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Partitioning of diet between species and life history stages of sympatric and cryptic snappers (Lutjanidae) based on DNA metabarcoding

Takahashi, M., DiBattista, J.D., Jarman, S., Newman, S.J., Wakefield, C.B., Harvey, E.S. and Bunce, M. (2020) Partitioning of diet between species and life history stages of sympatric and cryptic snappers (Lutjanidae) based on DNA metabarcoding. Scientific Reports, 10 (1). Art. 4319.

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Link to Published Version: https://doi.org/10.1038/s41598-020-60779-9
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Abstract

Lutjanus erythropterus and L. malabaricus are sympatric, sister taxa that are important to fisheries throughout the Indo-Pacific. Their juveniles are morphologically indistinguishable (i.e. cryptic). A DNA metabarcoding dietary study was undertaken to assess the diet composition and partitioning between the juvenile and adult life history stages of these two lutjanids. Major prey taxa were comprised of teleosts and crustaceans for all groups except adult L. erythropterus, which instead consumed soft bodied invertebrates (e.g. tunicates, comb jellies and medusae) as well as teleosts, with crustaceans being notably absent. Diet composition was significantly different among life history stages and species, which may be associated with niche habitat partitioning or differences in mouth morphology within adult life stages. This study provides the first evidence of diet partitioning between cryptic juveniles of overlapping lutjanid species, thus providing new insights into the ecological interactions, habitat associations, and the specialised adaptations required for the coexistence of closely related species. This study has improved our understanding of the differential contributions of the juvenile and adult diets of these sympatric species within food webs. The diet partitioning reported in this study was only revealed by the taxonomic resolution provided by the DNA metabarcoding approach and highlights the potential utility of this method to refine the dietary components of reef fishes more generally.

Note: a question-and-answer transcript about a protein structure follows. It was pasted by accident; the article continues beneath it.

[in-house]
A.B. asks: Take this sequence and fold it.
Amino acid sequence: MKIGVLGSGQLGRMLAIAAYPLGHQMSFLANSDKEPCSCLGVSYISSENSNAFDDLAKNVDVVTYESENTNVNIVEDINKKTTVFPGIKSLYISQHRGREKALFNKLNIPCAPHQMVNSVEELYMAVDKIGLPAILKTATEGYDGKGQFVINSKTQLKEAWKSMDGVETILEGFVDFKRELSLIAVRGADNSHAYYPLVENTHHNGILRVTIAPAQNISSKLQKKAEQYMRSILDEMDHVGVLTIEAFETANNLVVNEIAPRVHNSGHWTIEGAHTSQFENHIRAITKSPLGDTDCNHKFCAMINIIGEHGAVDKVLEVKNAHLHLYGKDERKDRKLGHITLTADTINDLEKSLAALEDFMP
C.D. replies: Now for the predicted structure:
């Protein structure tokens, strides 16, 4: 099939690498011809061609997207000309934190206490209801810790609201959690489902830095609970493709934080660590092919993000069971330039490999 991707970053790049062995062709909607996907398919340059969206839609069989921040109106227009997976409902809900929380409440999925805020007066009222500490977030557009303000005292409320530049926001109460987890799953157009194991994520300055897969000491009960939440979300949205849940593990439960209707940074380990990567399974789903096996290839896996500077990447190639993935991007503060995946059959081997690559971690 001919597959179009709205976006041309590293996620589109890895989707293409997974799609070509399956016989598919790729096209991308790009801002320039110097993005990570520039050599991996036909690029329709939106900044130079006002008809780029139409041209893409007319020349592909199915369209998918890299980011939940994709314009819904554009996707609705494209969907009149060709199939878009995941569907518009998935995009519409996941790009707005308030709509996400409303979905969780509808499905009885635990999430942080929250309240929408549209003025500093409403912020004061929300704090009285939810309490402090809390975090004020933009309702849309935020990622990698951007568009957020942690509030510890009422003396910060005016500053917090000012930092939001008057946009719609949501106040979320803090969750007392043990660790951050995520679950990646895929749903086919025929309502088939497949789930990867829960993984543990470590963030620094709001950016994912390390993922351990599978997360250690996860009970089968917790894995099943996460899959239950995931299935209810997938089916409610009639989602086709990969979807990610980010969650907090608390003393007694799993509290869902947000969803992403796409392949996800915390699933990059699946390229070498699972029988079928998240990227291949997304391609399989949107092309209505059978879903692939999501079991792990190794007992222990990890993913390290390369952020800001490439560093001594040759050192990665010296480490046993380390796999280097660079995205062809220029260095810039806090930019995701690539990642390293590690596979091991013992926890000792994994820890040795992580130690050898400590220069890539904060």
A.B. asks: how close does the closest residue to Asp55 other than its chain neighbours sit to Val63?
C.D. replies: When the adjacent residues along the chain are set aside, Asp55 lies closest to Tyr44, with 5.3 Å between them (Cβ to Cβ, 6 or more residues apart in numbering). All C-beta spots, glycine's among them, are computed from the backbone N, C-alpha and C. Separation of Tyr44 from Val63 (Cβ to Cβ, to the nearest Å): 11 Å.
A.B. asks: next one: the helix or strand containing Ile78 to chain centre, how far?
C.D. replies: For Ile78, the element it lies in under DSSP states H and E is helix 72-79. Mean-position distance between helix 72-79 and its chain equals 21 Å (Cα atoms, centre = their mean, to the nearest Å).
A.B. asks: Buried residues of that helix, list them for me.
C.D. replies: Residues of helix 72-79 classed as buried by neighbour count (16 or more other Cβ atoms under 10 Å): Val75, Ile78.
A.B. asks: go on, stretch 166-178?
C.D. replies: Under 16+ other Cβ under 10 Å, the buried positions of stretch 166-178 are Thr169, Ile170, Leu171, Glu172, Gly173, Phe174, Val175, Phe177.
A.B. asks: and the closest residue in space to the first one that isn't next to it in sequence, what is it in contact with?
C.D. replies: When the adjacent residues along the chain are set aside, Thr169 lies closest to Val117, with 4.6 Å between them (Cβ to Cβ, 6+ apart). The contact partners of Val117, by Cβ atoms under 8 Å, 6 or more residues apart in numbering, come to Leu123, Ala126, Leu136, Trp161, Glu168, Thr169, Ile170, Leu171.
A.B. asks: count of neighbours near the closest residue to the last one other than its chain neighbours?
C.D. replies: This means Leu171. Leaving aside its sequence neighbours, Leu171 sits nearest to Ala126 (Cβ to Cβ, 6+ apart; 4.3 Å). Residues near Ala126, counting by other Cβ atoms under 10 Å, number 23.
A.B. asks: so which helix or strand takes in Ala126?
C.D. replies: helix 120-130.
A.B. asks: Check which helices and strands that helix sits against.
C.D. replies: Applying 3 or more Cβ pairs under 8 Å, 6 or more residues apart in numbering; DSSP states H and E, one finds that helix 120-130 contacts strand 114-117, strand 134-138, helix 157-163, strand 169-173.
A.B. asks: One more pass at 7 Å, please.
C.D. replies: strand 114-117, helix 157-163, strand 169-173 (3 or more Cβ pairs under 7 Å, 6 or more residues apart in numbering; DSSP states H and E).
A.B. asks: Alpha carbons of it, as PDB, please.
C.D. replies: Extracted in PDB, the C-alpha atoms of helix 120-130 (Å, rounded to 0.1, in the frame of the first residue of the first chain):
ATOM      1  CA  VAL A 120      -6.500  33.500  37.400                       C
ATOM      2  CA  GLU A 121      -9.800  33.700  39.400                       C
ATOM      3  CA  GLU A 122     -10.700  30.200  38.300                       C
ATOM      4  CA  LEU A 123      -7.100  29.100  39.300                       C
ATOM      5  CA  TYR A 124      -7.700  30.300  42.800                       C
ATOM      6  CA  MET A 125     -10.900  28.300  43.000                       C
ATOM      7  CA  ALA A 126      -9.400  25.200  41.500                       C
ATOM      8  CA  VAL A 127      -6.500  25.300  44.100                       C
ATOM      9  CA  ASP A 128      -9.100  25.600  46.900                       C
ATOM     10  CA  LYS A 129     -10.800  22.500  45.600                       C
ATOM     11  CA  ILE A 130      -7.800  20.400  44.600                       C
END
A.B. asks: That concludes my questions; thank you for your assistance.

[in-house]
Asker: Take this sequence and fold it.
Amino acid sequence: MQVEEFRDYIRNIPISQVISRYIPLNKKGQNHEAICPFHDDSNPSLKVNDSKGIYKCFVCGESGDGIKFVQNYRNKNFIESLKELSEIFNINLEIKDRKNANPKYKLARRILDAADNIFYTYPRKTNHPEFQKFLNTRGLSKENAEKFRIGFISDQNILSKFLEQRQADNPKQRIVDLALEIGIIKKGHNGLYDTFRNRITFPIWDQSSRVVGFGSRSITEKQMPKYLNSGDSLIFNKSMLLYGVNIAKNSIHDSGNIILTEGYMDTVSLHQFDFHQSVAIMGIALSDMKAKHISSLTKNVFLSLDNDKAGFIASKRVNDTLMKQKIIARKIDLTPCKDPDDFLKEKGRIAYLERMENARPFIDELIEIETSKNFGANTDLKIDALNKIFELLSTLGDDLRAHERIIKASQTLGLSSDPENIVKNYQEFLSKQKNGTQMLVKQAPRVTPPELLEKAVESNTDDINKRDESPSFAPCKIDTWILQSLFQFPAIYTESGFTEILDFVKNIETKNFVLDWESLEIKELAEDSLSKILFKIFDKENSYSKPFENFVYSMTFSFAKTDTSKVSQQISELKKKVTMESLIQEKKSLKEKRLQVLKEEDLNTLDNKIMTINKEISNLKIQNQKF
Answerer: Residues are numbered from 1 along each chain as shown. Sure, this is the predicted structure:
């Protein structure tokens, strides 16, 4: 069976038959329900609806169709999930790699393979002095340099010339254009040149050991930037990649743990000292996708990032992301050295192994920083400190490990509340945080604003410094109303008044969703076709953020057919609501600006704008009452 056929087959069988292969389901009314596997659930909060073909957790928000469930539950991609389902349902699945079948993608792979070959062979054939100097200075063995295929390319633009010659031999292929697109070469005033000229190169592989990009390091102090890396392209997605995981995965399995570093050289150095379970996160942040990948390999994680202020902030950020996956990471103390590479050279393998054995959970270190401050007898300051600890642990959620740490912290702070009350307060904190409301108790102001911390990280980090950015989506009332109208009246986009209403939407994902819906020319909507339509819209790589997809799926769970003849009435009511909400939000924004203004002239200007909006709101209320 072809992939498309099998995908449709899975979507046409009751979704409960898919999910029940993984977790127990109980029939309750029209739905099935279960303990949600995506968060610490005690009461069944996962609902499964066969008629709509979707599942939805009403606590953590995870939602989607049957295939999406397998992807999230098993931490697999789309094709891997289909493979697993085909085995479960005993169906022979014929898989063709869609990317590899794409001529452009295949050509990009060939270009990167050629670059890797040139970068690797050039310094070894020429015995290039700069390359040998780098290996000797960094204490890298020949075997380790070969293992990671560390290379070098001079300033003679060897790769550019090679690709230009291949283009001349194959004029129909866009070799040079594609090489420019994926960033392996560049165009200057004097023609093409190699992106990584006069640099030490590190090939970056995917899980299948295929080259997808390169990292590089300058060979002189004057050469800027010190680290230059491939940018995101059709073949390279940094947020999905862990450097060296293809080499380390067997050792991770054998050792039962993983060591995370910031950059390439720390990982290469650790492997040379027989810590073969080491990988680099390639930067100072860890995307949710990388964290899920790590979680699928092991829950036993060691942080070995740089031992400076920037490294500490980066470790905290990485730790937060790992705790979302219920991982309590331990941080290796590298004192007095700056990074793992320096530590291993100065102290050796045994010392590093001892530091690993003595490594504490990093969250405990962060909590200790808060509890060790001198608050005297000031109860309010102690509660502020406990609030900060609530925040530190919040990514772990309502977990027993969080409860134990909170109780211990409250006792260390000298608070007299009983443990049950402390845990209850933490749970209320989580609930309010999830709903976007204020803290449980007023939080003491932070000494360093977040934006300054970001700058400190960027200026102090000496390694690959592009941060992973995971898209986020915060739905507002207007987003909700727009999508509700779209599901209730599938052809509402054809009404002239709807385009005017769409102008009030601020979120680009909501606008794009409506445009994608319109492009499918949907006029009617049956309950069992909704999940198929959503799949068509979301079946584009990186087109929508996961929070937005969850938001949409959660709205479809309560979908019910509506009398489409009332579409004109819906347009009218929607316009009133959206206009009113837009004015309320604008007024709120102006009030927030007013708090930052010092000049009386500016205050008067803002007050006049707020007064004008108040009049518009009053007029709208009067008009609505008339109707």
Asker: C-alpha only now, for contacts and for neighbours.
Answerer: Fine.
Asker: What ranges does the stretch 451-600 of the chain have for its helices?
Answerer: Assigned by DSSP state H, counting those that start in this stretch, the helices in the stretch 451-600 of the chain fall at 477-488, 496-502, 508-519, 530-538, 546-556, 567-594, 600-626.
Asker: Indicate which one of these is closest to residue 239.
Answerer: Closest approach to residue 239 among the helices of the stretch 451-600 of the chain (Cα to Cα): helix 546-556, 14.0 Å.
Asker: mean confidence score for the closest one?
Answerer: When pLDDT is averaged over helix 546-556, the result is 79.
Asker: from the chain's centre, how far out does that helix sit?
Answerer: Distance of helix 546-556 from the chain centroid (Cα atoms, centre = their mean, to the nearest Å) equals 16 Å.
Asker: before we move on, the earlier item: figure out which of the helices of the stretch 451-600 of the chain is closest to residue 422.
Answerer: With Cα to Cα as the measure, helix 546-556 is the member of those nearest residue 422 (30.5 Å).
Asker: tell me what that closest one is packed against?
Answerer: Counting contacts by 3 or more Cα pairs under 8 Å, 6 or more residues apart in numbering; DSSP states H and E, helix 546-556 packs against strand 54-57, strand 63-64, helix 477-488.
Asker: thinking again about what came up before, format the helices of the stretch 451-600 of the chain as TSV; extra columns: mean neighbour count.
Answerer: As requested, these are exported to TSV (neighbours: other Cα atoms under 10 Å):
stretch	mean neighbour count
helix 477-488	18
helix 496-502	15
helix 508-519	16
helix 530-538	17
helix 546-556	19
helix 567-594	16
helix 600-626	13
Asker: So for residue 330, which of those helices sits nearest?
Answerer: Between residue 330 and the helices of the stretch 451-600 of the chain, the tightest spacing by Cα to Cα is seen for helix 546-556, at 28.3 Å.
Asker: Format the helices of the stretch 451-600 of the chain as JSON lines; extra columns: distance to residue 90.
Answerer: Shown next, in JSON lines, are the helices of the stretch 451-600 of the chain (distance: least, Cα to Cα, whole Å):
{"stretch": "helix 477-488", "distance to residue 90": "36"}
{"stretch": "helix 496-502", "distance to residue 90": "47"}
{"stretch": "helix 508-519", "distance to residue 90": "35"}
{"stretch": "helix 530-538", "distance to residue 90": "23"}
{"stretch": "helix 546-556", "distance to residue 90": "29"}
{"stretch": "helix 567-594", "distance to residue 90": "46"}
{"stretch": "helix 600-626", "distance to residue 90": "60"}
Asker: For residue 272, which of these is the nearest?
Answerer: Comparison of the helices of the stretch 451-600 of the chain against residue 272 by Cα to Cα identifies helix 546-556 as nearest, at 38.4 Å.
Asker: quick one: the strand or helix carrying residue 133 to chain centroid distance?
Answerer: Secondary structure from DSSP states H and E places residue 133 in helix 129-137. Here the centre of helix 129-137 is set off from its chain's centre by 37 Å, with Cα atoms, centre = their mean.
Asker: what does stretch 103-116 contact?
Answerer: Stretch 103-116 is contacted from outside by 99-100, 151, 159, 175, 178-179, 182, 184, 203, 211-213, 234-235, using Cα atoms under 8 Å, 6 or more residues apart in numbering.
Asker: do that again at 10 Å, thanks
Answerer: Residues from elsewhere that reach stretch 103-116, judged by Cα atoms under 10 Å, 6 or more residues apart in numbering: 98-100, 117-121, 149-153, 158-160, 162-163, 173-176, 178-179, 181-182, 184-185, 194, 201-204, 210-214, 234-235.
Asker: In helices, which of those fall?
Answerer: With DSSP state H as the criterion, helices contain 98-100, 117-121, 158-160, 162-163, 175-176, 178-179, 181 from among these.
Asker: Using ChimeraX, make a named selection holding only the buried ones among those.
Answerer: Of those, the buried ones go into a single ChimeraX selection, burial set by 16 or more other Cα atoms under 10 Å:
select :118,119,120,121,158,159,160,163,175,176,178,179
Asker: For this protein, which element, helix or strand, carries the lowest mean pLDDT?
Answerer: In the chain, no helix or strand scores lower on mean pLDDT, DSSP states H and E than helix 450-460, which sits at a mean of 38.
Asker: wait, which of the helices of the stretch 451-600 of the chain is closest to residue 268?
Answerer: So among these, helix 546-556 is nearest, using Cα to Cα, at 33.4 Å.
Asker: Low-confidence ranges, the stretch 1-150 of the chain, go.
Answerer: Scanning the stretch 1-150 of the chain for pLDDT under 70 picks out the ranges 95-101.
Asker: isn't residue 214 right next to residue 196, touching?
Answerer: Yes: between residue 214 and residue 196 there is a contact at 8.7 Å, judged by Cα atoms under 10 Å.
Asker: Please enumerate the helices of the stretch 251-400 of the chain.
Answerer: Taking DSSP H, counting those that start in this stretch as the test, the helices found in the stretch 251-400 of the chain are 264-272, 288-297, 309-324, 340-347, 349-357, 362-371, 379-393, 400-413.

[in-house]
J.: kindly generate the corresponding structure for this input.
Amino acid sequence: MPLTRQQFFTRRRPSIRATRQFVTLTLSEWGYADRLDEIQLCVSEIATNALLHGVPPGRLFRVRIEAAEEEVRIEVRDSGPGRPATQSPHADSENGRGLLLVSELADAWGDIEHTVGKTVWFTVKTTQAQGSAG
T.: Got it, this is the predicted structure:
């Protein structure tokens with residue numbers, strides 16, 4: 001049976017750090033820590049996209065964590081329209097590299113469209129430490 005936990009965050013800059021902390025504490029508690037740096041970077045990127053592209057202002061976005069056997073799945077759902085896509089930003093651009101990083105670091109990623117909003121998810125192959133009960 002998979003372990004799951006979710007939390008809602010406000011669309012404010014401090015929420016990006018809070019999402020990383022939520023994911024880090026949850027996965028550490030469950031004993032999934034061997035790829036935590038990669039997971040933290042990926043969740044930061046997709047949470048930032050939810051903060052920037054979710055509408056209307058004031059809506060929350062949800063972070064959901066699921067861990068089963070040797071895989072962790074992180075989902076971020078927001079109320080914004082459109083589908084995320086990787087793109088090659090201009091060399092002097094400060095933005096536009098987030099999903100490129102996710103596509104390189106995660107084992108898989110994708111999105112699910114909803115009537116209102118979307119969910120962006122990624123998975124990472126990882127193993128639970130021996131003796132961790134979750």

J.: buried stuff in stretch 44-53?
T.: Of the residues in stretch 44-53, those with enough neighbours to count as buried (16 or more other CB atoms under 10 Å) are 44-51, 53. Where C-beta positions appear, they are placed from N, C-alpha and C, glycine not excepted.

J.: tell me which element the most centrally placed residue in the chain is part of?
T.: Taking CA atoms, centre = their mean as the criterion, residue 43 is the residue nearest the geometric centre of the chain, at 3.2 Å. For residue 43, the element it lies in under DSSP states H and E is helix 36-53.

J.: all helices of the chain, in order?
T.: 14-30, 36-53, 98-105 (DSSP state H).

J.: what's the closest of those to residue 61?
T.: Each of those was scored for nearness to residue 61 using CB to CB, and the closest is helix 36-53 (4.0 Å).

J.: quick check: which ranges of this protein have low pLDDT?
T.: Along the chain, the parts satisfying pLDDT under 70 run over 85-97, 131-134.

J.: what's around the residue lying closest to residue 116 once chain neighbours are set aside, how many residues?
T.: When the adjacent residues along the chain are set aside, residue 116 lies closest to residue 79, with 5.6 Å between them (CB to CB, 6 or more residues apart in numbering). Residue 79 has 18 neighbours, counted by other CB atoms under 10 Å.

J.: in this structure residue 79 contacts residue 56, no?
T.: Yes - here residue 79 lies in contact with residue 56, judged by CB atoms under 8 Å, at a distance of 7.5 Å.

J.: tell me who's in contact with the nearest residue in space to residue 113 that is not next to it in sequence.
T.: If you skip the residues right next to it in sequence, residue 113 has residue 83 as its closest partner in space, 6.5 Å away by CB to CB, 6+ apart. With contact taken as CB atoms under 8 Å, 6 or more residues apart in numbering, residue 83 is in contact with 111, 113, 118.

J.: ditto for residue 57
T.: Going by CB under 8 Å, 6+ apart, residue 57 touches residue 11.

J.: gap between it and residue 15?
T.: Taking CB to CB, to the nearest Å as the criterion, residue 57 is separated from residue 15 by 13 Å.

Item Type: Journal Article
Publisher: Springer Nature
Copyright: © 2020 Springer Nature Limited
URI: http://researchrepository.murdoch.edu.au/id/eprint/57815
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